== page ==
April 7, 2010

Talks and debates

According to Sam Harris' bio on TED.com:
Adored by secularists, feared by the pious, Sam Harris' best-selling books argue that religion is ruinous and, worse, stupid -- and that questioning religious faith might just save civilization.
Here's a new talk by Harris, the author of the best-selling The End of Faith and Letter to a Christian Nation.

A bonus:
Sam Harris and Michael Shermer recently debated Deepak Chopra and Jean Houston on the subject of "Does God have a future?"

The Nightline Debate

Faith-based hatred

Science writer Clay Farris Naff wrote a marvelous essay in the Huffington Post, in which he makes a case for his belief that "at this historical moment it is in religion that hatred finds its most powerful and all-consuming expression."

Naff cites these examples of faith-based hatred:
  • The notorious Westboro Baptist Church, whose members picket funerals of U.S. soldiers because "God hates fags." And God also apparently hates Jews.

  • Rabbis Yitzhak Shapira and Yosef Elitzur have published a new exegesis of the Torah in which the prohibition "Thou Shalt Not Murder" applies only "to a Jew who kills a Jew."

  • One Muhammad Hussein Yaaqub went on Egyptian TV to assure viewers that "The Jews are our enemies. Allah will annihilate them at our hands."

  • Apparently, God also hates President Obama, according to preacher Steven Anderson of the Faithful Word Baptist Church.
(By the way, Obama is not the antiChrist. Pat Robertson says so. He says the antiChrist is probably a Jew who lives in Israel today.)

Naff says:
If you suspect, as I do, that religion evolved as a human trait that conferred advantage on groups by increasing solidarity in the competition against other groups, then it's all too easy to see how hatred would become an enduring feature of religion.
The vast majority of conflicts have at its root some kind of religious reason. People have been cherry-picking their respective holy books for reasons to hate, and reasons why our in-group supposedly is superior to all other out-groups.

Think of how peaceful the world would be if, in a triumphant moment of rationalism, we got rid of organized religion. Instead of all kinds of "us-versus-them" reasons to hate, we just follow the universal ethical rule to be kind to all people. Will that day come?

April 1, 2010

"God hates fags"

Westboro Baptist Church of Topeka, Kansas, as some of you may know, is the name of the Westboro Baptist Church, the ragtag group of idiots and loons who "protest" at U.S. soldiers funerals. They claim that U.S. soldiers die in Iraq and Afghanistan because the U.S. military tolerates gays and lesbians. So, God is punishing them by killing them.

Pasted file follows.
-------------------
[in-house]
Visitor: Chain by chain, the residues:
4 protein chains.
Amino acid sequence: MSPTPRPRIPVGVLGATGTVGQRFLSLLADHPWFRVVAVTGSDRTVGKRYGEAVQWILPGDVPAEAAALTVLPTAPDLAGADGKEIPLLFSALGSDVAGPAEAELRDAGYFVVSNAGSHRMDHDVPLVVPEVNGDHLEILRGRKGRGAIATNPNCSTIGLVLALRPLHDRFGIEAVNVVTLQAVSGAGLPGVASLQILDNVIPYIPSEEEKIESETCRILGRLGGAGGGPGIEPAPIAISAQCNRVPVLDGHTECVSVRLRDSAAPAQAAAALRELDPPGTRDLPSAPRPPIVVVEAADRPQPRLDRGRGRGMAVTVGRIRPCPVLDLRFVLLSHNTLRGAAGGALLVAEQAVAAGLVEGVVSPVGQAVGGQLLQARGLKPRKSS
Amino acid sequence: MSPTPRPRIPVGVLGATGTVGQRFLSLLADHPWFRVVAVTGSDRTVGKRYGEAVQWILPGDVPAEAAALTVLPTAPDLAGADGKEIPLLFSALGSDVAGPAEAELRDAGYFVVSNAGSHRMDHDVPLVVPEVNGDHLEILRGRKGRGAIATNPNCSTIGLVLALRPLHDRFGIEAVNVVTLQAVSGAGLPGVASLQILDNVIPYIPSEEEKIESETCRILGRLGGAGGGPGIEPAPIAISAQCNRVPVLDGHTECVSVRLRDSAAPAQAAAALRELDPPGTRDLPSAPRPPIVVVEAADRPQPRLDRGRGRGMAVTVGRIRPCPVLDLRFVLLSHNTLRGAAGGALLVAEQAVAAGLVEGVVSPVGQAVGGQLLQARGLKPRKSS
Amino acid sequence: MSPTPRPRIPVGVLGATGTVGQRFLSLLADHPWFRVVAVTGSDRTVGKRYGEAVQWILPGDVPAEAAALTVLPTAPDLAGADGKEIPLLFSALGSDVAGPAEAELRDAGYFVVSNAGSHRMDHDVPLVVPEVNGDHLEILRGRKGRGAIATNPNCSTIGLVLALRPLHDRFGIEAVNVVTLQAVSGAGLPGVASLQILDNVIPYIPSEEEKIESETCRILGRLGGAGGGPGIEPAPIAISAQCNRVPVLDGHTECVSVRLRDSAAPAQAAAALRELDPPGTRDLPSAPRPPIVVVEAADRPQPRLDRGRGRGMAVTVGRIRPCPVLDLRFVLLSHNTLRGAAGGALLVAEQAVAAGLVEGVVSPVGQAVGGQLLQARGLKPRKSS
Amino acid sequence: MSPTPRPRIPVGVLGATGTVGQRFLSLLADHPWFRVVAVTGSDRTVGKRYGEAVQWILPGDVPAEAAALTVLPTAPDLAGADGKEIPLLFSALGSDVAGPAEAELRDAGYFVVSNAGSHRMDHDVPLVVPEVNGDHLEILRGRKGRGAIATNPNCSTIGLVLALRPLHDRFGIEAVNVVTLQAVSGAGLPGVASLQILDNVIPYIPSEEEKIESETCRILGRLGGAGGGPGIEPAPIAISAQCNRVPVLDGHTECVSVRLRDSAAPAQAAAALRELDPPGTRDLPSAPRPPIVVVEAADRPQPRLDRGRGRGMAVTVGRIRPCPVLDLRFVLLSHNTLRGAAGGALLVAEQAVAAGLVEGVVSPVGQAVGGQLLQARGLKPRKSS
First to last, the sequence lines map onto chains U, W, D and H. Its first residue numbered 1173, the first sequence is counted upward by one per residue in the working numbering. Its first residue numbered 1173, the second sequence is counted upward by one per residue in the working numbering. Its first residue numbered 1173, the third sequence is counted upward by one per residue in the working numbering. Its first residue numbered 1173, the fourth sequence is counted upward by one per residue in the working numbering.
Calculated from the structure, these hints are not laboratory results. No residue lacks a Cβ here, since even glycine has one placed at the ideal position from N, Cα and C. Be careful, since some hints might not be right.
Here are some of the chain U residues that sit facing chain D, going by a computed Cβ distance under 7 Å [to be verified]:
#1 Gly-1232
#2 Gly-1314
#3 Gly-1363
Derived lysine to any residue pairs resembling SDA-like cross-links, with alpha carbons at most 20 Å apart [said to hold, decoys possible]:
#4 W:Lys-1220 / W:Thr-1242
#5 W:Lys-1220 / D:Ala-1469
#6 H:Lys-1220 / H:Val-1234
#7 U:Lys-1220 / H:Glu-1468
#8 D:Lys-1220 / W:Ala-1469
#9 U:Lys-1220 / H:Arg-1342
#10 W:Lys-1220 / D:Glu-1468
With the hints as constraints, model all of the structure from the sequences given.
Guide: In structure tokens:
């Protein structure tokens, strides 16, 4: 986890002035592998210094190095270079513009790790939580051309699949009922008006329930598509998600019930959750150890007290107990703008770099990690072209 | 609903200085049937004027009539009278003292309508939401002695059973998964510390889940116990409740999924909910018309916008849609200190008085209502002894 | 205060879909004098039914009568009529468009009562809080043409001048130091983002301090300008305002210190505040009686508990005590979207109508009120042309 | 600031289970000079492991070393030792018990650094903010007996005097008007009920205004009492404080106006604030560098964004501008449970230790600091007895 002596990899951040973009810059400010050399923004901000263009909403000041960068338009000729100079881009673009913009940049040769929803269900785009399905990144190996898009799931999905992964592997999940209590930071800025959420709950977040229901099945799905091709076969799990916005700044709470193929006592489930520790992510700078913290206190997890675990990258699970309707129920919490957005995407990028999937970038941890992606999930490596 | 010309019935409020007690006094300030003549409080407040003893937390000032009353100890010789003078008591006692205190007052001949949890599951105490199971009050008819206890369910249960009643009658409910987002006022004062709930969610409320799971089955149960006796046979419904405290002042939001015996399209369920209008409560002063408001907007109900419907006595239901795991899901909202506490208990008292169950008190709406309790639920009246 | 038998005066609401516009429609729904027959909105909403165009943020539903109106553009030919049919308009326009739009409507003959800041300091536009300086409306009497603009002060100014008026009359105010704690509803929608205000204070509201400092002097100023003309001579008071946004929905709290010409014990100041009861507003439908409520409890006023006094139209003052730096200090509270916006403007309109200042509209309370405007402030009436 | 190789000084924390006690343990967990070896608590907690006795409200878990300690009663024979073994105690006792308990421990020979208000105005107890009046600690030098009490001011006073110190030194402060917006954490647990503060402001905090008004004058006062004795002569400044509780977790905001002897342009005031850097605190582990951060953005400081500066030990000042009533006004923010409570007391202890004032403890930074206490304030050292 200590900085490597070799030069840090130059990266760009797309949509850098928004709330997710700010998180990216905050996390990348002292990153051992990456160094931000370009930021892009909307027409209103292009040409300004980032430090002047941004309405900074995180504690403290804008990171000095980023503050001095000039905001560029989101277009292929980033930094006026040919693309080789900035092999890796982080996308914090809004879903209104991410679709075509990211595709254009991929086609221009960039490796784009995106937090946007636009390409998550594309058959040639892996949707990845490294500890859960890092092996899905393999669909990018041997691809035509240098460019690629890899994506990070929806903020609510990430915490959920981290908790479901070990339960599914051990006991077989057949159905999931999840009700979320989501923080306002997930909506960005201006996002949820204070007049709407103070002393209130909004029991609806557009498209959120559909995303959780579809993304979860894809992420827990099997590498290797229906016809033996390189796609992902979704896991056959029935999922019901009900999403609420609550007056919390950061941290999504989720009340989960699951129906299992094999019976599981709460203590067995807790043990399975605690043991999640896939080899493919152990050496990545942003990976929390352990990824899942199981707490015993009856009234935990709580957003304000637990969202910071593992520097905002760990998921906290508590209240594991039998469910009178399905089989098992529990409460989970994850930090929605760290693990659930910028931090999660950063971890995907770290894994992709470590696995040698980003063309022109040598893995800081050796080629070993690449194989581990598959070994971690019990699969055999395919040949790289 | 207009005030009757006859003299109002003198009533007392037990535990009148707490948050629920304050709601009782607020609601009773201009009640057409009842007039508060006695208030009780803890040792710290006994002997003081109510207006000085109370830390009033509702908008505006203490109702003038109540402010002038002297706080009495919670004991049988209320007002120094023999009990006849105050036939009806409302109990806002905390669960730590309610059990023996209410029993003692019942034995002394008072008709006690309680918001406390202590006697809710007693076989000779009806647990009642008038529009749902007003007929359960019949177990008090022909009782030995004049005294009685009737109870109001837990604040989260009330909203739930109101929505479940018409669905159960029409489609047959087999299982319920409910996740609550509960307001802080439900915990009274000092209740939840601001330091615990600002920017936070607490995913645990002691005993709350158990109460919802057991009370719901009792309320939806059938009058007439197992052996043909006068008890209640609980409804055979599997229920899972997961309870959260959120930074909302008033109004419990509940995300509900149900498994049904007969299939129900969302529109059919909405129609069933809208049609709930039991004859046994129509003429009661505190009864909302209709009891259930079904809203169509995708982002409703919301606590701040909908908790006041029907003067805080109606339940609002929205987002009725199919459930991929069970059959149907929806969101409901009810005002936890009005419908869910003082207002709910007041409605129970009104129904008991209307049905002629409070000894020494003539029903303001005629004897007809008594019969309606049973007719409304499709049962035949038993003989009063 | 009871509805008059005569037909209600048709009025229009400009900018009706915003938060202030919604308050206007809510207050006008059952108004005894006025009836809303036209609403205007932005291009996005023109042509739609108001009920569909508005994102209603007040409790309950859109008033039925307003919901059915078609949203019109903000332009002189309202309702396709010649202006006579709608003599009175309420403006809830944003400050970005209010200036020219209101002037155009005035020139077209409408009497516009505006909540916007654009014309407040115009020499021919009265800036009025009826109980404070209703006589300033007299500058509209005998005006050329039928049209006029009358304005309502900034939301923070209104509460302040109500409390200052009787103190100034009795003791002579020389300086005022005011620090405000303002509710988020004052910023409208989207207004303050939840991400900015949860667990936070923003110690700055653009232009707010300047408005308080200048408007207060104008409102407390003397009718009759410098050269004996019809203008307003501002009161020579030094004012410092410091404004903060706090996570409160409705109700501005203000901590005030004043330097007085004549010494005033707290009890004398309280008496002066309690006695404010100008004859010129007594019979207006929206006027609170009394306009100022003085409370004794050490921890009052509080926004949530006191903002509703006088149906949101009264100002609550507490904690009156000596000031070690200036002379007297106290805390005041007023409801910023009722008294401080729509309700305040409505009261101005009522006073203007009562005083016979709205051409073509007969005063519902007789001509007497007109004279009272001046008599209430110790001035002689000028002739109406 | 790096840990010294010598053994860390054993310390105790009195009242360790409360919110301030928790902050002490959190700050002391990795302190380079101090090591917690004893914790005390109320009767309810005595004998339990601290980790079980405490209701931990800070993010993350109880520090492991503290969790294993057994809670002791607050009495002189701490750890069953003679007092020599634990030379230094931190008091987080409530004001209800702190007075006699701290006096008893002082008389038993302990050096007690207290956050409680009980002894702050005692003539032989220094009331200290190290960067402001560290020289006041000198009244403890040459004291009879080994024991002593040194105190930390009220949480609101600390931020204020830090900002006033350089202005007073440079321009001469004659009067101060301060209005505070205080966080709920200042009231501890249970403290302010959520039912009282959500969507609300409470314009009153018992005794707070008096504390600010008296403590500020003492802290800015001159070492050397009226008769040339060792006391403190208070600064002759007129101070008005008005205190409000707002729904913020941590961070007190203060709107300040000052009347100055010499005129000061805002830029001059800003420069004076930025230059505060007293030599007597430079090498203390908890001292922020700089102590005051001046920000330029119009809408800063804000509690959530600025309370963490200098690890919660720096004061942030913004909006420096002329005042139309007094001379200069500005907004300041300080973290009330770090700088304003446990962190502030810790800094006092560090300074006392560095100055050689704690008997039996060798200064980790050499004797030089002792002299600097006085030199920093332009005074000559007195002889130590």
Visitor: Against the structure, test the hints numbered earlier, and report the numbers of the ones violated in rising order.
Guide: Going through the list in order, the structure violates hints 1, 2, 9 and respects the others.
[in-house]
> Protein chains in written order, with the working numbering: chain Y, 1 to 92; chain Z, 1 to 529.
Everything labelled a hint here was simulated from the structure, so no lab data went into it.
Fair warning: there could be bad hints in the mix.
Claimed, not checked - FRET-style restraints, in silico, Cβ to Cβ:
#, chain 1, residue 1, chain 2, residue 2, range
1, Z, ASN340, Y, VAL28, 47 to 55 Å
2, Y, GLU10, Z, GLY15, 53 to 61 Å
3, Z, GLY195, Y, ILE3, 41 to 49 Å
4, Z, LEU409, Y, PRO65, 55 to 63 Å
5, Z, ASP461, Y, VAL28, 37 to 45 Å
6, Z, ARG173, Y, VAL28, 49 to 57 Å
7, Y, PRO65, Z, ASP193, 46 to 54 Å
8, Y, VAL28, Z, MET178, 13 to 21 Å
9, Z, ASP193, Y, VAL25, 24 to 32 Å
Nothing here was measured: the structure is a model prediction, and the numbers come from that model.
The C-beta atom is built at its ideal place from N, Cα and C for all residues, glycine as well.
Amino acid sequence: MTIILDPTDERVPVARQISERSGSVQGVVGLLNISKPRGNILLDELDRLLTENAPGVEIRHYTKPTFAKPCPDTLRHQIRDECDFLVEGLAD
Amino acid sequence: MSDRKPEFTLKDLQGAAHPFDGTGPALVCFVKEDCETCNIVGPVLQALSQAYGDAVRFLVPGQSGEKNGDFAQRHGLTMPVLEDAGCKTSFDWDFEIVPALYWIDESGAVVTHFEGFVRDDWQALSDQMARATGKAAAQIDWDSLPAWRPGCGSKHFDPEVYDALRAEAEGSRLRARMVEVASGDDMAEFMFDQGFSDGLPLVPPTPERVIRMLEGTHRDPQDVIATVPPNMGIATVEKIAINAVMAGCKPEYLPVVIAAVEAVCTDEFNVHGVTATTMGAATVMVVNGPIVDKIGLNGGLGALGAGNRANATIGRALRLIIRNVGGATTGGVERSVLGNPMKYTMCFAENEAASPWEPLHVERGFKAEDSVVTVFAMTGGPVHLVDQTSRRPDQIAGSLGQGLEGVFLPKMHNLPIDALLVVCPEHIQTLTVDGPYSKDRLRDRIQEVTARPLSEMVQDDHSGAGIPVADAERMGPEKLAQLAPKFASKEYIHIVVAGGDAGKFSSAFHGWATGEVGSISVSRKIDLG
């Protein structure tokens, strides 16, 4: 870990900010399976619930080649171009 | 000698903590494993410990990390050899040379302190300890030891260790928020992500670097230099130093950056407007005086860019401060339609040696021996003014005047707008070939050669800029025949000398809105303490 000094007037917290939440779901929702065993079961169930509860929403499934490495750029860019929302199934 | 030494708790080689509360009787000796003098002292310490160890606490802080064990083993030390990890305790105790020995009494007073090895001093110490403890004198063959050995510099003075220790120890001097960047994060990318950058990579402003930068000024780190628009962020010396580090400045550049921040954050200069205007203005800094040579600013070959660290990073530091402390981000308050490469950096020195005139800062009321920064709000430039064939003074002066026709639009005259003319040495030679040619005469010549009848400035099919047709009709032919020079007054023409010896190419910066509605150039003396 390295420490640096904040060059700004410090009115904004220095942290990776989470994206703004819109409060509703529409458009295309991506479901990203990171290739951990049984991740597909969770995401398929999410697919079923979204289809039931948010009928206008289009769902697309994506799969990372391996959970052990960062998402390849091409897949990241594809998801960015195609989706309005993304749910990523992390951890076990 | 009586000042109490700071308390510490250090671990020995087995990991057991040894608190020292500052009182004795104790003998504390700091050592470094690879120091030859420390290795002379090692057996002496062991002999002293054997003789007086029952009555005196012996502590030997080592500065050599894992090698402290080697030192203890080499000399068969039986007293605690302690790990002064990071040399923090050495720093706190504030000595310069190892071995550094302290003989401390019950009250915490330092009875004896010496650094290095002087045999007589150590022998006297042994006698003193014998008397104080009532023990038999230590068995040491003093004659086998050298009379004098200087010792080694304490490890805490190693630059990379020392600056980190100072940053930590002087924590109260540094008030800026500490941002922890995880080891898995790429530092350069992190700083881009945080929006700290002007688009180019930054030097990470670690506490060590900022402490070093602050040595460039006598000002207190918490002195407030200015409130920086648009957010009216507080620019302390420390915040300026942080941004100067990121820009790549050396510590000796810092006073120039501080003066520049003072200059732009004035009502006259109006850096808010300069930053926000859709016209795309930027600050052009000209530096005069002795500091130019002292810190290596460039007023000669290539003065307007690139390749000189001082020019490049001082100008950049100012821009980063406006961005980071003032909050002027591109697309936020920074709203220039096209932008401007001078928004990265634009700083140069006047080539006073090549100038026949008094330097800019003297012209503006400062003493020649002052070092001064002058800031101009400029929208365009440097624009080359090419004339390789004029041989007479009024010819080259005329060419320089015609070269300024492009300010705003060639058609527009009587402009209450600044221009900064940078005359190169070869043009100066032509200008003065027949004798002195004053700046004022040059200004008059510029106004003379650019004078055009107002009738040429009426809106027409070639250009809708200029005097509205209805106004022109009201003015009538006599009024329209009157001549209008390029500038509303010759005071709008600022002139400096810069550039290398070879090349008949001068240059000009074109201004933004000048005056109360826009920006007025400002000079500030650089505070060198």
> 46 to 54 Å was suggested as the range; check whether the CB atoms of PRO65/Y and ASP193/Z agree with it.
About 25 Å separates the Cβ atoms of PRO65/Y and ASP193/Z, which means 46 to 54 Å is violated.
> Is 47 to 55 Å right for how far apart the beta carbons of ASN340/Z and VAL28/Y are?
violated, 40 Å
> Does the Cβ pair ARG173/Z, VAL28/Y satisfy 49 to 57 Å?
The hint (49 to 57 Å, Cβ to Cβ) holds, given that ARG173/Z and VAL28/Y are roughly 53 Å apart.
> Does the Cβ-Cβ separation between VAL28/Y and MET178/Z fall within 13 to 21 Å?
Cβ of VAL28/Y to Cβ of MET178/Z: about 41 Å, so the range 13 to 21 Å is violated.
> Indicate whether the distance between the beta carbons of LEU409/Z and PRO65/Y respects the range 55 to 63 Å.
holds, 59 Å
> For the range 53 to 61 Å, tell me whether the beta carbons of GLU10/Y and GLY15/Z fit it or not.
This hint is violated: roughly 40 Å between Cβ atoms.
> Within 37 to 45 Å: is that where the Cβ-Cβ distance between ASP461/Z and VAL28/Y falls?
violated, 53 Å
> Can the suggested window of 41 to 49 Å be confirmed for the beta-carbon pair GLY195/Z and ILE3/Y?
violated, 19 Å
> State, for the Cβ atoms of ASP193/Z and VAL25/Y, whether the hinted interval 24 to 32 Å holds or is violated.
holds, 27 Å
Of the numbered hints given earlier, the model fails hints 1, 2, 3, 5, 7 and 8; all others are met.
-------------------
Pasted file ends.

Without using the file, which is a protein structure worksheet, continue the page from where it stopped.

Michael Smerconish, columnist of the Philadelphia Daily News, sums up one such case: Marine Lance Cpl. Matthew Snyder died in combat in Iraq on March 3, 2006. At his funeral, his family had to endure the demented rantings of the Westboro Baptist Church, their placards that said "God Hates the USA," "Fag Troops" and "You're Going to Hell."
Al Snyder, the father of Marine Lance Cpl. Matthew Snyder, sued Phelps and Westboro Baptist. He won a $10.9 million award from a jury that was later reduced by the court to $5 million. Westboro Baptist, of Topeka, Kansas, appealed. The U.S. Court of Appeals for the Fourth Circuit reversed the trial court's verdict. Earlier this month, the Supreme Court agreed to hear the case.
In the meantime, Snyder (the father), as the losing party in the federal appellate case, is responsible for $16,510 in legal costs of his opponents. Smerconish has written a column urging his readers to donate money and help Snyder pay these costs.
I am not a lawyer, and I don't know if an exemption to the First Amendment can be made for offensive speech at military funerals. That's a question for the U.S. Supreme Court.
I'm only interested in the tired old saw that religious people are more moral. I came across a video by the BBC about the Phelps family who heads this group. Granted, this is an extreme example. But anyone who believes anything religion tells him, on little or no evidence, is guilty of the same thing. It's only a question of degree. Some people who are religious are upstanding citizens. Some use their religion to justify killing others. People have been cherry-picking their respective holy books to justify anything, good or bad. Why not discard the holy books and just be good to everyone?

This is the video.

By the way, "Reverend" Phelps' estranged son Nate tells his story in an article called "Dad, the hateful preacher." He has a blog. And, "for those of you who suffer or who have suffered the effects of being raised in a fundamentalist environment, please join myself and Brother Richard at our Support group, "Life After Christian Fundamentalism."